During the month of August many readers took some vacation days, including ourselves. If you did too, we hope you enjoyed the rest. And we hope that all of our readers, their loved ones, and their friends are doing well and keeping healthy.
October is particularly important for the global palliative care community. On the second Saturday of the month, October 9, we celebrate World Hospice Palliative Care Day (WHPCD), a great campaign coordinated by the Worldwide Hospice Palliative Care Alliance (WHPCA) with the support of the global palliative care community. The focus of this year’s World Day is: “Leave No One Behind—Equity in Access to Palliative Care.” The goal of WHPCD is for policy makers to prioritize palliative care financing under universal health coverage. People around the world who have been affected by serious health-related suffering—either personally or by supporting a loved one—will be making their voices heard. Palliative care is not part of universal health coverage or national health systems in most countries. Palliative care has never been adequately funded! We need WHPCD to shine a light on the inequity in access to palliative care globally, especially for vulnerable populations.
Many organizations throughout the world are planning celebrations to increase awareness among lay people, governments, and patients that palliative care improves the quality of life of patients and families, and that appropriate policies and funding mechanisms need to be put in place to ensure access to palliative care to those in need. More about WHPCD’s activities taking place around the world, photos, and resources are available on the WHPCA website. We hope that you get involved by planning an activity, doing a post, or tweeting your support. It’s time to celebrate palliative care together!
We are pleased to announce that the Journal of Pain and Symptom Management (JPSM) has published “How universal is Palliative Care in Colombia? A health policy and systems analysis” based on research by Liliana, Tania Pastrana, Felicia Knaul, Hector Arreola, and Natalia Rodriguez. As far as we (the authors) know, this is the first in-depth country health systems analysis relative to palliative care and Universal Health Coverage. JPSM is generously providing 50 days' free access to our article. Anyone clicking on this link before October 29, 2021, will be taken directly to ScienceDirect, where readers are welcome to download it at no charge.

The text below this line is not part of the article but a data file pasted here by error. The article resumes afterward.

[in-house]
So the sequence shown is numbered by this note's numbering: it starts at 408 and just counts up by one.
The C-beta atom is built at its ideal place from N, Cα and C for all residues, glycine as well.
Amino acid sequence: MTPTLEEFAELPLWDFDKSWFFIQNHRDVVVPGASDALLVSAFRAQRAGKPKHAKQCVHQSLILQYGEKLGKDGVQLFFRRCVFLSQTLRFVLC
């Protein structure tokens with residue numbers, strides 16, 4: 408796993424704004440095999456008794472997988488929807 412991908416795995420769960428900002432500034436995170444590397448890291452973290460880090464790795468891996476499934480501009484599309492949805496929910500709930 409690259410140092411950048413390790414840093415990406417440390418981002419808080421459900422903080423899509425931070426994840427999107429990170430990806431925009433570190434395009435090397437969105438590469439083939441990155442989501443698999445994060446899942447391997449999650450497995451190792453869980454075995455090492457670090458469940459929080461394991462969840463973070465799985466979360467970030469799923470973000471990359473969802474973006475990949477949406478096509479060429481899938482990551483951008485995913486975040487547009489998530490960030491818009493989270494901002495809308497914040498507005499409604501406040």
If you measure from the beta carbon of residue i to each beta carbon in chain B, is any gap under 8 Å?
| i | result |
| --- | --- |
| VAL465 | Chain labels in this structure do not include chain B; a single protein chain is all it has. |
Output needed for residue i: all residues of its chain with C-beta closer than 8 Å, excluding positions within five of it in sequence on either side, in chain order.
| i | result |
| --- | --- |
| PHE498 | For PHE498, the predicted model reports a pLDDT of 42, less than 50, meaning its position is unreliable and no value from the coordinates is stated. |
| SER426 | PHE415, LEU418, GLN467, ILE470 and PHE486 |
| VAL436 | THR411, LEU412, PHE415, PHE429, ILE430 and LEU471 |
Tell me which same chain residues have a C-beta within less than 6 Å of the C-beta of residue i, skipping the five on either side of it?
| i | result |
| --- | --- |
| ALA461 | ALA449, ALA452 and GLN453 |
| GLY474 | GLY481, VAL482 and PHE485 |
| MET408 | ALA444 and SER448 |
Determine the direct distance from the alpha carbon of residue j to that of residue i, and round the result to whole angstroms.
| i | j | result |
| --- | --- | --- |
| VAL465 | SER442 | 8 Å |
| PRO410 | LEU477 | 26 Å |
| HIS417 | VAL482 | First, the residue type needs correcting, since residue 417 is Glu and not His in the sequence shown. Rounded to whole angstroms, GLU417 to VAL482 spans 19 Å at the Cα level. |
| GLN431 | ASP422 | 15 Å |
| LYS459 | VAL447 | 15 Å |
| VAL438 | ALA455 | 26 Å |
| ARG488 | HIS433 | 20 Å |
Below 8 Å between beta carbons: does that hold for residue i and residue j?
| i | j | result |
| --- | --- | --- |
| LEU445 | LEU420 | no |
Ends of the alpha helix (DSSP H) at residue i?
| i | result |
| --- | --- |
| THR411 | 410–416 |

Our analysis, which uses the components of the WHO public health model for PC (policy, education, medicines, and service provision), revealed that the most significant gap in palliative care service delivery, is the professional education of health workers. This aligns with the 2018 International Narcotics Control Board report that cites lack of professional education as the primary barrier in access to palliative care medicines. Although the government of Colombia has taken steps to improve provision of, and access to, essential controlled medicines for decades, and insurance companies have included palliative care in their coverage, graduating cadres of medical, nursing and pharmacy school professionals, still lack the necessary PC competencies to operationalize those official initiatives. Many graduates entered careers in politics, administration, or regulatory offices unaware of the system shortcomings. Since academic institutions are legally autonomous, the government of Colombia cannot mandate their curricula. Academia changes slowly and advocacy efforts of palliative care organizations to date have focused largely on government policy rather than education. Our analysis revealed that advocacy should be directed towards the academy and should focus on building constructive relations with deans and provosts of professional schools.
We hope that our article will motivate palliative care leaders and researchers to perform similar analysis in their countries. We are happy to assist in these efforts.
And, last but not least, you may have seen the special announcement we distributed a few weeks ago announcing some important changes for some IAHPC officers. After serving for more than 21 years as the “public face” of the organization—participating in public events, conferences, interviews, and other public activities—Liliana has decided to step back from this role, while continuing as executive director to guide the organization and support its staff, board, and membership. Liliana has taken this decision in order to focus on personal projects and to dedicate more time to her growing family. To accommodate this change, Dr. Katherine Pettus has been promoted to Senior Advocacy Director and will now become the official public face of IAHPC, a role that is a natural extension of the many panel discussions and other events in which she has participated or had a leading role. In addition, Ms. Genevieve Napier has been promoted to Senior Operations Officer to ensure that IAHPC’s many activities and programs continue to run smoothly.
We look forward to the ongoing collaboration among IAHPC’s excellent team, and our communication with you, our members and our readers around the world.
Until next month,
Lukas Radbruch, MD
Liliana De Lima, MHA